Having a "low security" airline is a terrible idea. The costs of a hijacked airline do not fall entirely or even mostly on its passengers--just ask that to anyone who lived in New York or Washington six years ago. Hijackers can demand concessions from a government, particularly as most Western European nations do not have the "no negotiations with terrorists" policy the US adheres to. Plus, airliners and lives are expensive enough that "low security" airlines' insurance premiums would likely jack the cost of a ticket sky-high, if they could even get insurance at all.

El Al's security model--screeners asking questions, nearly all employees ex-military, thorough baggage checking, armed employees in every terminal and on every flight, racial profiling--is clearly extraordinarily effective. People gripe enough about current security measures, though, so they wouldn't likely put up with it on US carriers, particularly because racial profiling is such a touchy issue in the US.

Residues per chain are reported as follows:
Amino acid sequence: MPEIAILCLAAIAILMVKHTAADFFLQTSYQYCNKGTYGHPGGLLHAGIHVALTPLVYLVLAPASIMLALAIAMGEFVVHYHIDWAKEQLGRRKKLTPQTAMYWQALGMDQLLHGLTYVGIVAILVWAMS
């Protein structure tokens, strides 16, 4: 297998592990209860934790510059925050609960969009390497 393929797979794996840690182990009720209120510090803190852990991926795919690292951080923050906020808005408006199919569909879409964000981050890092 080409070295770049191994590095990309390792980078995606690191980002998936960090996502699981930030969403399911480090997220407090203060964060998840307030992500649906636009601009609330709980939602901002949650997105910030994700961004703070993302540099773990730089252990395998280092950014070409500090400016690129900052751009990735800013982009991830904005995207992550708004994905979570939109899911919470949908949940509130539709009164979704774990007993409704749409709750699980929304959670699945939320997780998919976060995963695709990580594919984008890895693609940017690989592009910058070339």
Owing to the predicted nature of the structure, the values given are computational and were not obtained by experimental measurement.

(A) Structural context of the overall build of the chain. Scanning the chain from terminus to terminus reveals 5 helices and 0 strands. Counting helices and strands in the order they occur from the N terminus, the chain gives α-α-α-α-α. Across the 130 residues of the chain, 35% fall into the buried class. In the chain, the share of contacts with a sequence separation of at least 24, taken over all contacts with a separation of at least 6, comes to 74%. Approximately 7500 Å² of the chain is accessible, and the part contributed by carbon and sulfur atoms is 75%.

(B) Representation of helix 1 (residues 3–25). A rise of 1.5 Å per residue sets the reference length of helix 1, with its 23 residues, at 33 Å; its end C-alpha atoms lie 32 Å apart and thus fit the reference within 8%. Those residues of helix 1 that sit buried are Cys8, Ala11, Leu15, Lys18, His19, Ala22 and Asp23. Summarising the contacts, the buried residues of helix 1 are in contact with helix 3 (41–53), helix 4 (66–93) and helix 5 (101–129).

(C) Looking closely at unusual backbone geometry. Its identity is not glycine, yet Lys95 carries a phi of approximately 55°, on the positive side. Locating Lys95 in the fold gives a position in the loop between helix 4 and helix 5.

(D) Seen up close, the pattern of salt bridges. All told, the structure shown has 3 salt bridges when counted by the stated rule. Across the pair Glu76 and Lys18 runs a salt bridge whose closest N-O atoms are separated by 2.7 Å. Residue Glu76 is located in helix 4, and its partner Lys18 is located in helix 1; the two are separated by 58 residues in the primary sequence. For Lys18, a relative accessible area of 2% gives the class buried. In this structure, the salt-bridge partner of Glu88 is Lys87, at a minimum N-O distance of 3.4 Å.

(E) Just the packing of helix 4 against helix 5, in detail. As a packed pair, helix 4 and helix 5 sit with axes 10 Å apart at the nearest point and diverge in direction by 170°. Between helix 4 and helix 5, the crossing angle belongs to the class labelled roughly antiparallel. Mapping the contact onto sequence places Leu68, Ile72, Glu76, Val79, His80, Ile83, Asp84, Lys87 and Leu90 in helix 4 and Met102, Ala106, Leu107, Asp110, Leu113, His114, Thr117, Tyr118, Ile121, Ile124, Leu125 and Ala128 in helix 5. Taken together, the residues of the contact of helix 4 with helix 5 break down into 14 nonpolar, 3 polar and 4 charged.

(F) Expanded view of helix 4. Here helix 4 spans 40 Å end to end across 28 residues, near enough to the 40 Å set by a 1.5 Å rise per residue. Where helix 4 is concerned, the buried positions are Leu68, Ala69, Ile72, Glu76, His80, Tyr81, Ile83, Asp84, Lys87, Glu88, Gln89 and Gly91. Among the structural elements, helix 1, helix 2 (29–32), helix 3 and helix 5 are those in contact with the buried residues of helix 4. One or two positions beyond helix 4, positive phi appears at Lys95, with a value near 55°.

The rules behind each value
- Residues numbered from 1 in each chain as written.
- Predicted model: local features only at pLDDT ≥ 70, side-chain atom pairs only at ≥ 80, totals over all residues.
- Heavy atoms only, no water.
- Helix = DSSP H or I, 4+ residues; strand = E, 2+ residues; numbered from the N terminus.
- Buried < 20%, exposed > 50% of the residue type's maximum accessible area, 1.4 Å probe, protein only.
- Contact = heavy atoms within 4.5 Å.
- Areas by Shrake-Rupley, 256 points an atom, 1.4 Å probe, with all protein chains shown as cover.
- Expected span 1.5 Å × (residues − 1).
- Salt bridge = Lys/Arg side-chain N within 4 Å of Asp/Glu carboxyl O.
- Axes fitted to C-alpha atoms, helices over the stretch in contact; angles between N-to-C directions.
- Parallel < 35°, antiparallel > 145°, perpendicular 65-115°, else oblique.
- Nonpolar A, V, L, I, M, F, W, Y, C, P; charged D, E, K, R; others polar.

All this talk about racial profiling and how we need to stop being PC misses one really big point: last time I checked, you can't tell that someone is a terrorist just by seeing which ethnic category they fall into.

If we were to "profile" based on ethnicity, you'd miss:
* John Walker Lindh
* David Hicks
* Adam Yahiye Gadahn
* The hundreds or thousands of non-Arabic extremists from places like Africa, SE Asia, and everywhere else.

All white dudes who joined the "dark side". And unless AaronS has some high-tech Islam detector, we won't even know where to start.

As for the Israeli method of interviewing everybody, can you imagine doing this for the 687 million passengers a year that fly in the US? TSA (which most of you seem to hate) would need to be 10 times the size it is now. However, TSA recently started the Behaivior Detection Officer program which works on the same principles, and that has generated protest!

So TSA really is darned if they do, darned if they don't. Frankly, I don't care if we replace TSA with private screeners again, but if they do, the Airline had better be liable - no bailouts from the taxpayer.



D. Thomas: